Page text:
[otw_shortcode_dropcap label=”I” font=”Abril Fatface” color_class=”otw-blue-text” background_color_class=”otw-brown-background” size=”large” border_color_class=”otw-no-border-color” square=”square”][/otw_shortcode_dropcap]t’s time for new leadership. Considered a relatively moderate Democrat, Bennet has represented Colorado in the U.S. Senate since 2009. Before entering politics, he spent seven years in the private sector where served as director of the Anschutz Investment Company. It was there that he managed the consolidation of three major movie chains into the Regal Entertainment Group.

In 2003, Bennet became the chief of staff to then-Denver Mayor John Hickenlooper, who is also running for the Democratic presidential nomination. He left Hickenlooper’s office in 2005 to become superintendent of the Denver Public School system, where he helped pass a merit pay system for teachers. He was later appointed to fill the Senate seat vacated by Ken Salazar in 2009 and promptly re-elected the following year.


June 28, 2019: Listen to everything Bennet said during Night 2 of the Democratic Debate in Miami


July 11, 2019: Bennet appeared on “The View.” He discussed his polling performance, prostate cancer diagnosis, and work with the Gang of Eight on a 2013 bipartisan immigration.

On Immigration and Border Crisis

The presidential candidate explained why he thinks the current fake president is a “weak leader” when it comes to immigration, and what he learned from the late Republican Senator John McCain.

On Education, Health Care, Wealth Gap

He discussed his campaign and shared his stance on education, the racial wealth gap and health care.

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Bennet said he thinks Labor Secretary Alexander Acosta should resign.

Top congressional Democrats have indeed been calling for Acosta to resign over his handling more than a decade ago of a plea deal for multi-millionaire Jeffrey Epstein amid a debate on Capitol Hill over whether Congress should investigate the agreement Acosta made with this child molester.

What agreement? Federal prosecutors in New York unsealed a criminal indictment on Monday charging Epstein with having allegedly operated a sex trafficking ring in which he sexually abused dozens of underage girls. In 2008, Acosta signed a sweetheart deal with Epstein. House Speaker Nancy Pelosi also called for Acosta to resign, saying in a tweet, “(Secretary Acosta) must step down. As US Attorney, he engaged in an unconscionable agreement with Jeffrey Epstein kept secret from courageous, young victims preventing them from seeking justice.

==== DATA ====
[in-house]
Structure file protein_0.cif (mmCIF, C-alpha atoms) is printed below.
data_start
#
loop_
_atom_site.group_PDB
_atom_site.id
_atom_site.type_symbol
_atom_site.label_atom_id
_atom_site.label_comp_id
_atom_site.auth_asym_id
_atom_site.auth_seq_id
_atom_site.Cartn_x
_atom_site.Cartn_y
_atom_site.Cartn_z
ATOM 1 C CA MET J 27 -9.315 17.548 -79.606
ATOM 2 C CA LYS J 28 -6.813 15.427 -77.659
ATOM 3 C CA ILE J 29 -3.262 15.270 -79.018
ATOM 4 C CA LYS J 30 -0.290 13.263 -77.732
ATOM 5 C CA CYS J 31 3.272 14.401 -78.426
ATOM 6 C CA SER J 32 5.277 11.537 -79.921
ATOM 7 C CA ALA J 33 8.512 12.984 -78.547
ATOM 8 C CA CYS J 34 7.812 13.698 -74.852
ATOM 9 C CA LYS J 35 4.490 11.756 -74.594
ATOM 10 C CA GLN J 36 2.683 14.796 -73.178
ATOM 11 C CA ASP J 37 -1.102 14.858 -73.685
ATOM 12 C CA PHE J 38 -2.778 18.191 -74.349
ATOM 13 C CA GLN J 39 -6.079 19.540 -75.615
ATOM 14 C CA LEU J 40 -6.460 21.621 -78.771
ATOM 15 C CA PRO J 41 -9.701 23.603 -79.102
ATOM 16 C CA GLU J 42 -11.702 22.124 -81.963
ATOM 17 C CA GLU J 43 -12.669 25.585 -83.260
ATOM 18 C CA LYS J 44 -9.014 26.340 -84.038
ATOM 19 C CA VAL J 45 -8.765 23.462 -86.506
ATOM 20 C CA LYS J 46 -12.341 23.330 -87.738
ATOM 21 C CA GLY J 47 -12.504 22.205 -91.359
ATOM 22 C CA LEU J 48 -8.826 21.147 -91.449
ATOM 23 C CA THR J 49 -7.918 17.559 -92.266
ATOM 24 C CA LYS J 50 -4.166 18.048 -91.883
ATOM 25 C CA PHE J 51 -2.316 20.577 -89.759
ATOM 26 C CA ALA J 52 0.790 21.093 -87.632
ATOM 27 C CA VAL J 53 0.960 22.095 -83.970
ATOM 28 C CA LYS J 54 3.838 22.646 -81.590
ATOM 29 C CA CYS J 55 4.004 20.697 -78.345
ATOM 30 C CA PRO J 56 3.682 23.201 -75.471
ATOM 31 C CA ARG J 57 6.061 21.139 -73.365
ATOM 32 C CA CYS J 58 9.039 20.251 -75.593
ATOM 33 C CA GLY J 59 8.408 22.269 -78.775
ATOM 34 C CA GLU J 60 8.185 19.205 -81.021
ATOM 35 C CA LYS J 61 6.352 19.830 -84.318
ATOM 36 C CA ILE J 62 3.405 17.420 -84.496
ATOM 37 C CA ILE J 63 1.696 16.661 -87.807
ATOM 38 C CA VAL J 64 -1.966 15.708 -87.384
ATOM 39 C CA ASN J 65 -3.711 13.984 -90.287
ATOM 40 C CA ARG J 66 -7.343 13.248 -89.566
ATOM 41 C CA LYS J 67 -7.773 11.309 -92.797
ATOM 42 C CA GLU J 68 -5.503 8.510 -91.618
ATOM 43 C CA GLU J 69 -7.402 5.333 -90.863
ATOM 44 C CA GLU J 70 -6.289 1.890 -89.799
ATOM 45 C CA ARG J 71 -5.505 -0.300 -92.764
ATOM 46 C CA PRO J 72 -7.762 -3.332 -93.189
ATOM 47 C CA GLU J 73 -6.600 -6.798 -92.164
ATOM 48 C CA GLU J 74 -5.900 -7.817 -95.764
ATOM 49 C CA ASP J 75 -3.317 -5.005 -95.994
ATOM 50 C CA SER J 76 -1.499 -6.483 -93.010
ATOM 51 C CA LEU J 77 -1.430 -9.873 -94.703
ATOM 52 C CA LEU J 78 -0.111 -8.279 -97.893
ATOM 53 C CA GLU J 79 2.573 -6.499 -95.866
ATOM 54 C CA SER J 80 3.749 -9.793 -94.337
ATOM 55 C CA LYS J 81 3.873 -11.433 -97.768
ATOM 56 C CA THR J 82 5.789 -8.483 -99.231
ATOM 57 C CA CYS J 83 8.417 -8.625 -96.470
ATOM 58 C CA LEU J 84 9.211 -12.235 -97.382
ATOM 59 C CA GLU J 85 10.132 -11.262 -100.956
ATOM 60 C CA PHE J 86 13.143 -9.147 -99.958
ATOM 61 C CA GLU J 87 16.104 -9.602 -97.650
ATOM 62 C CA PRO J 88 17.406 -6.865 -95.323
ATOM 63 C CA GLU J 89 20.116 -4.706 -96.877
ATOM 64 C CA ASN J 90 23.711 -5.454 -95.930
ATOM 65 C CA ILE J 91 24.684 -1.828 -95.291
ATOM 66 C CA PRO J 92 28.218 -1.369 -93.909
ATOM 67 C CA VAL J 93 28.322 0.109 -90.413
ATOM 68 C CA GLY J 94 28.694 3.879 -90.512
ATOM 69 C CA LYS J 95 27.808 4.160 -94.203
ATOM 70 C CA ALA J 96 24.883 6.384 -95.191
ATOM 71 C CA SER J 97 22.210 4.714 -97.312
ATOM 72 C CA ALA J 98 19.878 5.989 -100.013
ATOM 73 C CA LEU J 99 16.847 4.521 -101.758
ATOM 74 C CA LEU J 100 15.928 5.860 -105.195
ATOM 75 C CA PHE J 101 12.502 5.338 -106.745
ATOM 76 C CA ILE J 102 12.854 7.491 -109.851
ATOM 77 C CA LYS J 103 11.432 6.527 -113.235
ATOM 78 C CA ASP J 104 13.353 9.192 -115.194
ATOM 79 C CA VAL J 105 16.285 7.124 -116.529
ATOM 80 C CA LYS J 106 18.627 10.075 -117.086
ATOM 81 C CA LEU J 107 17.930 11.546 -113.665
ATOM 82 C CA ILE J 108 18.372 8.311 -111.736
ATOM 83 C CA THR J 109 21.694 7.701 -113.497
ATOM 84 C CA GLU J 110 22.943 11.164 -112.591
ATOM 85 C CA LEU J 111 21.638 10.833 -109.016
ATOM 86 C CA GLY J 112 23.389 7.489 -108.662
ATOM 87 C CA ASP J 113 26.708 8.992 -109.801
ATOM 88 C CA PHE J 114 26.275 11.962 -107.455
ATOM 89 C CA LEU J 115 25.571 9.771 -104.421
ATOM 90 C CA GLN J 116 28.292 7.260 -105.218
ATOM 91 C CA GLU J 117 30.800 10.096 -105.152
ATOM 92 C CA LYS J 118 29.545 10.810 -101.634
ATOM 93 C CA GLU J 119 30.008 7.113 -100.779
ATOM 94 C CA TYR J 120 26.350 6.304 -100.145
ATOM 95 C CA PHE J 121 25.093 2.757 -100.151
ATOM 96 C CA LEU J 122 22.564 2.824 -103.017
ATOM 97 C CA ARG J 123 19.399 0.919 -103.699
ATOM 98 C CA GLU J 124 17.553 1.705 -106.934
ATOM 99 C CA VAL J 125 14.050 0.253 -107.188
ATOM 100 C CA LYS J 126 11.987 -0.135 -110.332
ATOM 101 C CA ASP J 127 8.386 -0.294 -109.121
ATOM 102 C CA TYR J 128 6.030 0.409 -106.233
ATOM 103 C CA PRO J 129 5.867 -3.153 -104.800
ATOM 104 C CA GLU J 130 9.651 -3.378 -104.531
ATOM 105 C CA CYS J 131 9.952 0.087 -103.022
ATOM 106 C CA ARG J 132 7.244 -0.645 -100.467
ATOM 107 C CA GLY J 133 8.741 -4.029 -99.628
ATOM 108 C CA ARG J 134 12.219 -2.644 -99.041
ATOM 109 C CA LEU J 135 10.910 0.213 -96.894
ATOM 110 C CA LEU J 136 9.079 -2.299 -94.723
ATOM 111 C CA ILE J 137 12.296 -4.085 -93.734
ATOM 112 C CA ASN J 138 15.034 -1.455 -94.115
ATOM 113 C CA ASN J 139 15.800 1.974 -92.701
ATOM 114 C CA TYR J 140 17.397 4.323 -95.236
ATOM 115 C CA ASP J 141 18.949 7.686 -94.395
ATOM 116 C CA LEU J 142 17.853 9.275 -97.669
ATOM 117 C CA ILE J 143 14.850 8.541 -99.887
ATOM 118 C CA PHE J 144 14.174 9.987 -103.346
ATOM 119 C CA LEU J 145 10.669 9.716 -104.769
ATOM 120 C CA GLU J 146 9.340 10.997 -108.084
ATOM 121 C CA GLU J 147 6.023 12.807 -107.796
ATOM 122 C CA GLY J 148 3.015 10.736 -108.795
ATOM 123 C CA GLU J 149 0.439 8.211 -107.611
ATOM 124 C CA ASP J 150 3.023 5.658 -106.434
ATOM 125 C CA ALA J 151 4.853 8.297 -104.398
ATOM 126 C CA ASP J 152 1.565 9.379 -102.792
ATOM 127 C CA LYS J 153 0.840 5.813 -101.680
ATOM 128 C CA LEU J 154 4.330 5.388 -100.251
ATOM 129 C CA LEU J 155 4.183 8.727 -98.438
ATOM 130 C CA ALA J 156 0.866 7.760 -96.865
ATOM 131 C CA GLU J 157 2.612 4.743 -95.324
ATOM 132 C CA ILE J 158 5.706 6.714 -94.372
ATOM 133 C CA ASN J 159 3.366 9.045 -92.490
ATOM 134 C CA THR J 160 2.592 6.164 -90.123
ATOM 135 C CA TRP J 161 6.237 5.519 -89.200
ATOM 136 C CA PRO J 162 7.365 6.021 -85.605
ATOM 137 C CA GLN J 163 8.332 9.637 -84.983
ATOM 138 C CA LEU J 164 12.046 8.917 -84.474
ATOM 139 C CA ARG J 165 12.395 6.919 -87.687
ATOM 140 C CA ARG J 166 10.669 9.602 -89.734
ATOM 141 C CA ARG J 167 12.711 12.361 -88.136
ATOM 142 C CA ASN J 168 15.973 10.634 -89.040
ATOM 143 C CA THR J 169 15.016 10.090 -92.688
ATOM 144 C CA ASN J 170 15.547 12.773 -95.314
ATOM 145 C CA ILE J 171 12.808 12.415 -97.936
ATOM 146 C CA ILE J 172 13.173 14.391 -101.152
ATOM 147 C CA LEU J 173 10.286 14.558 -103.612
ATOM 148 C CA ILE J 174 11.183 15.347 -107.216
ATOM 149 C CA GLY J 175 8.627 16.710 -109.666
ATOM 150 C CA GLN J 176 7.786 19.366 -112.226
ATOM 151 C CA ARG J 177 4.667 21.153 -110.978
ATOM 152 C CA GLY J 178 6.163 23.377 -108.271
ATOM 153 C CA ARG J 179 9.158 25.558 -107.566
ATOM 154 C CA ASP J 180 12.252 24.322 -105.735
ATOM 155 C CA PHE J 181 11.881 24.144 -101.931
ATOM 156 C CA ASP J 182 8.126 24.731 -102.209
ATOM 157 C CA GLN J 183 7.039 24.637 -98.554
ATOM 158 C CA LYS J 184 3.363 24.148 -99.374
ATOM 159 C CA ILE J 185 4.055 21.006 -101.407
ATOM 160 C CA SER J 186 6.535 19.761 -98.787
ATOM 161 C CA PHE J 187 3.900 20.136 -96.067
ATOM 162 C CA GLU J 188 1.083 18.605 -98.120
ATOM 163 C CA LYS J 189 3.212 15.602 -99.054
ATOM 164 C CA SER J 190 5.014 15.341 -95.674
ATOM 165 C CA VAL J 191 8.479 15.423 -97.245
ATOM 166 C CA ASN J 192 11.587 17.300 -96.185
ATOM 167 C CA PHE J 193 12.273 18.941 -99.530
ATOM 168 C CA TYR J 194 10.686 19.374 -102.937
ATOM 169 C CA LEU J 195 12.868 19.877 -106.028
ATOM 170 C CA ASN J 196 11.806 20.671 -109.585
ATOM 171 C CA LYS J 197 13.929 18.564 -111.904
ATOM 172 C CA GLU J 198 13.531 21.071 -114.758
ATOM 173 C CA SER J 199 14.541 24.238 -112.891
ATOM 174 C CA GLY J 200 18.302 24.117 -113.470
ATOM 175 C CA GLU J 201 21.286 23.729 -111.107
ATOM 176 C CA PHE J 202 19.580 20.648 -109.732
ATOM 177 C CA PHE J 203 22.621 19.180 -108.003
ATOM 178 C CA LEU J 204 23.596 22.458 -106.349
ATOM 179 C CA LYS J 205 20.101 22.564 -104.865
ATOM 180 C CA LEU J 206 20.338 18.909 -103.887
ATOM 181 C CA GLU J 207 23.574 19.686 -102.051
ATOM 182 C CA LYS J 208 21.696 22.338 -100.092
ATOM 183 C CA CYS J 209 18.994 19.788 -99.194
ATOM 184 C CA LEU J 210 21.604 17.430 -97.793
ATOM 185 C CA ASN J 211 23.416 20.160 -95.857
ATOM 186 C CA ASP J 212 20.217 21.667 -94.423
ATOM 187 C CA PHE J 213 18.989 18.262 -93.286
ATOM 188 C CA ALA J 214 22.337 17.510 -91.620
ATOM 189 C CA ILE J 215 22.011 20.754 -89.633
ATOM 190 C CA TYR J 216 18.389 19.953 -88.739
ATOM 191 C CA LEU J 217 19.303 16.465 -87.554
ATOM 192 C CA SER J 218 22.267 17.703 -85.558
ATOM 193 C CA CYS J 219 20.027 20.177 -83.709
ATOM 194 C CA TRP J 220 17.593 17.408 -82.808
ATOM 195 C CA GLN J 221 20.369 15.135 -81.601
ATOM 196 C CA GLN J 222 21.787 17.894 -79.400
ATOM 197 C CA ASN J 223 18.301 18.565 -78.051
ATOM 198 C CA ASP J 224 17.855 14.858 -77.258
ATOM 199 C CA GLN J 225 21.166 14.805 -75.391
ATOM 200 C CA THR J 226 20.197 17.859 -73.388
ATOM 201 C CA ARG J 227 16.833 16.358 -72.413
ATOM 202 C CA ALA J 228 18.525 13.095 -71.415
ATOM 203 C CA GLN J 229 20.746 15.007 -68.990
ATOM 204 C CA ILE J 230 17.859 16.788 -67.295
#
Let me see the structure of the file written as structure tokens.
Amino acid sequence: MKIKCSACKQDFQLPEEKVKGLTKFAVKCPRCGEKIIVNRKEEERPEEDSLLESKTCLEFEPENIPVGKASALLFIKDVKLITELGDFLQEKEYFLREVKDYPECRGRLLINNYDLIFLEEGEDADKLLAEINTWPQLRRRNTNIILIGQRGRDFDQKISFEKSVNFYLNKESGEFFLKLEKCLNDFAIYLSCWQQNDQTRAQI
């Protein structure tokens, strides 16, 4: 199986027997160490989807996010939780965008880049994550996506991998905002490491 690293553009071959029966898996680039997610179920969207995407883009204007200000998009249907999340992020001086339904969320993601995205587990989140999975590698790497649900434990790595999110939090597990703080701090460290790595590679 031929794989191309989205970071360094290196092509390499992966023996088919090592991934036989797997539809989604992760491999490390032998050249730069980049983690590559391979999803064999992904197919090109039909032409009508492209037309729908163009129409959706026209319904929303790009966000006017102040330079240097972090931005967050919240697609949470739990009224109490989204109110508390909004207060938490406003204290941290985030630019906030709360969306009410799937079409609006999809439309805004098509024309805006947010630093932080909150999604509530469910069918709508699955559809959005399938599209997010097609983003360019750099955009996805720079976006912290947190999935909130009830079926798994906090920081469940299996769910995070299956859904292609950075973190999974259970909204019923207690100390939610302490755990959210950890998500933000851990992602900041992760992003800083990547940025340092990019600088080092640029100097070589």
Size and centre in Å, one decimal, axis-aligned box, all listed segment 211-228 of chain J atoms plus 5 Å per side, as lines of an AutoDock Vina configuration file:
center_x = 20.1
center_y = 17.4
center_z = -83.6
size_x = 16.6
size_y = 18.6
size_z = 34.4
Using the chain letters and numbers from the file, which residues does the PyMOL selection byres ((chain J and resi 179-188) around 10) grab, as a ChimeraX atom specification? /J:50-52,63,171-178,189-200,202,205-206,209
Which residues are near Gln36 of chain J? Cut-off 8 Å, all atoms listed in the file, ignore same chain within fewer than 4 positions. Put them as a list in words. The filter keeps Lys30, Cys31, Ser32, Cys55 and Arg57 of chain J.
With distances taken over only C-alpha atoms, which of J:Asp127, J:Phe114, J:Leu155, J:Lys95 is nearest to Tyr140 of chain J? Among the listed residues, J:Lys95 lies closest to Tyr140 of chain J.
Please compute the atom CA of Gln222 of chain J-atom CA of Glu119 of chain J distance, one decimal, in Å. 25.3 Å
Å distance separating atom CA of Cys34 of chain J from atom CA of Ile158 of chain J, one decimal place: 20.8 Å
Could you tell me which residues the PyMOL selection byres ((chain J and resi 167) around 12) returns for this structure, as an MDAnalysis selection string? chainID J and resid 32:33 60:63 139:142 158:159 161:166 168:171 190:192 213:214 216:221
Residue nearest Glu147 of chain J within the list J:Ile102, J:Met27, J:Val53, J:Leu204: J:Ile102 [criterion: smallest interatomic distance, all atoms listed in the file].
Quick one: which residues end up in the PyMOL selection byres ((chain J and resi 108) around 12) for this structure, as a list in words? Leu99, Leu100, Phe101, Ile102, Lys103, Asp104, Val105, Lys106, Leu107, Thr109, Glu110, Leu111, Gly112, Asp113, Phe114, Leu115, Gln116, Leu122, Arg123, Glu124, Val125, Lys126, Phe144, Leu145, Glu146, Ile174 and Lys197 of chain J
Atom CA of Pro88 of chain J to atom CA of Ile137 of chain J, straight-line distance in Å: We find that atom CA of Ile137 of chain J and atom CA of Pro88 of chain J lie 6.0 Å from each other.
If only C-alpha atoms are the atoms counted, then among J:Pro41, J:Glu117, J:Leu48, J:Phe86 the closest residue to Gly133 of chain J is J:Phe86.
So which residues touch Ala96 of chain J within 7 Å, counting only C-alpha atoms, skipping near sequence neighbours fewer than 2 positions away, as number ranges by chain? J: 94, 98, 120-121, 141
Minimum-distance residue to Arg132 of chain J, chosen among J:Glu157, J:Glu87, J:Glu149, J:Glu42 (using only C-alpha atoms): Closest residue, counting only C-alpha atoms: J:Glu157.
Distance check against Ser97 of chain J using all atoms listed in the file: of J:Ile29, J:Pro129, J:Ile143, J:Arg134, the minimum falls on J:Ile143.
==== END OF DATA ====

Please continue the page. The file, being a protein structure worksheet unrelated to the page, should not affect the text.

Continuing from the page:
July 25, 2019: Bennet participated in the NowThisNews “20 Questions for 2020” series, discussing education, social mobility, and discrimination..

Hear from the 2020 candidate about a time he witnessed discrimination and what he did about it, a time he felt burnt out and how he dealt with it, why he does not support Medicare For All, and much more.

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Did you know that before becoming a senator, and before becoming the superintendent of Denver public schools, Michael Bennet‘s first paying job was painting houses?

He also said the lack of economic mobility in America would be the one key issue his administration would tackle, stating that America is currently facing the greatest income inequality in over 100 years.


July 25, 2019: Speaking to the Washington Post, Bennet takes on Trump, Mitch McConnell and the fight for democracy

Bennet, a former Denver schools superintendent, thinks he is the person to unseat President Trump in 2020. But it’s not just Trump he wants gone. Sen. Mitch McConnell (R-Ky.) and the Freedom Caucus are on his list to get rid off, too.

Read more: https://wapo.st/32T04at.

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[otw_shortcode_dropcap label=”I” font=”Abril Fatface” color_class=”otw-blue-text” background_color_class=”otw-brown-background” size=”large” border_color_class=”otw-no-border-color” square=”square”][/otw_shortcode_dropcap]n a nearly 4-minute long campaign video released Thursday morning titled “7,591 words” (a nod to the word count of the U.S. Constitution) Bennet makes the case that “politics and governing aren’t the same thing.”

“When campaigning never stops, governing never begins,” he added.

In a departure from his fellow Democratic contenders, Bennet, who supports creating a public option for health care while making private insurances available on Obamacare marketplaces, noted in his campaign rollout video that the answer to the nation’s health care woes does cannot be found in far-left policies like Medicare-for-All.

“I don’t think 180 million Americans want to give up the insurance they already have through their work or their union,” said Bennet.

Bennet was born in New Dehli while his father served as an aide to the U.S. Ambassador to India. His father then went on to take posts in the Carter and Clinton administrations, while his grandfather was an adviser to Franklin Roosevelt.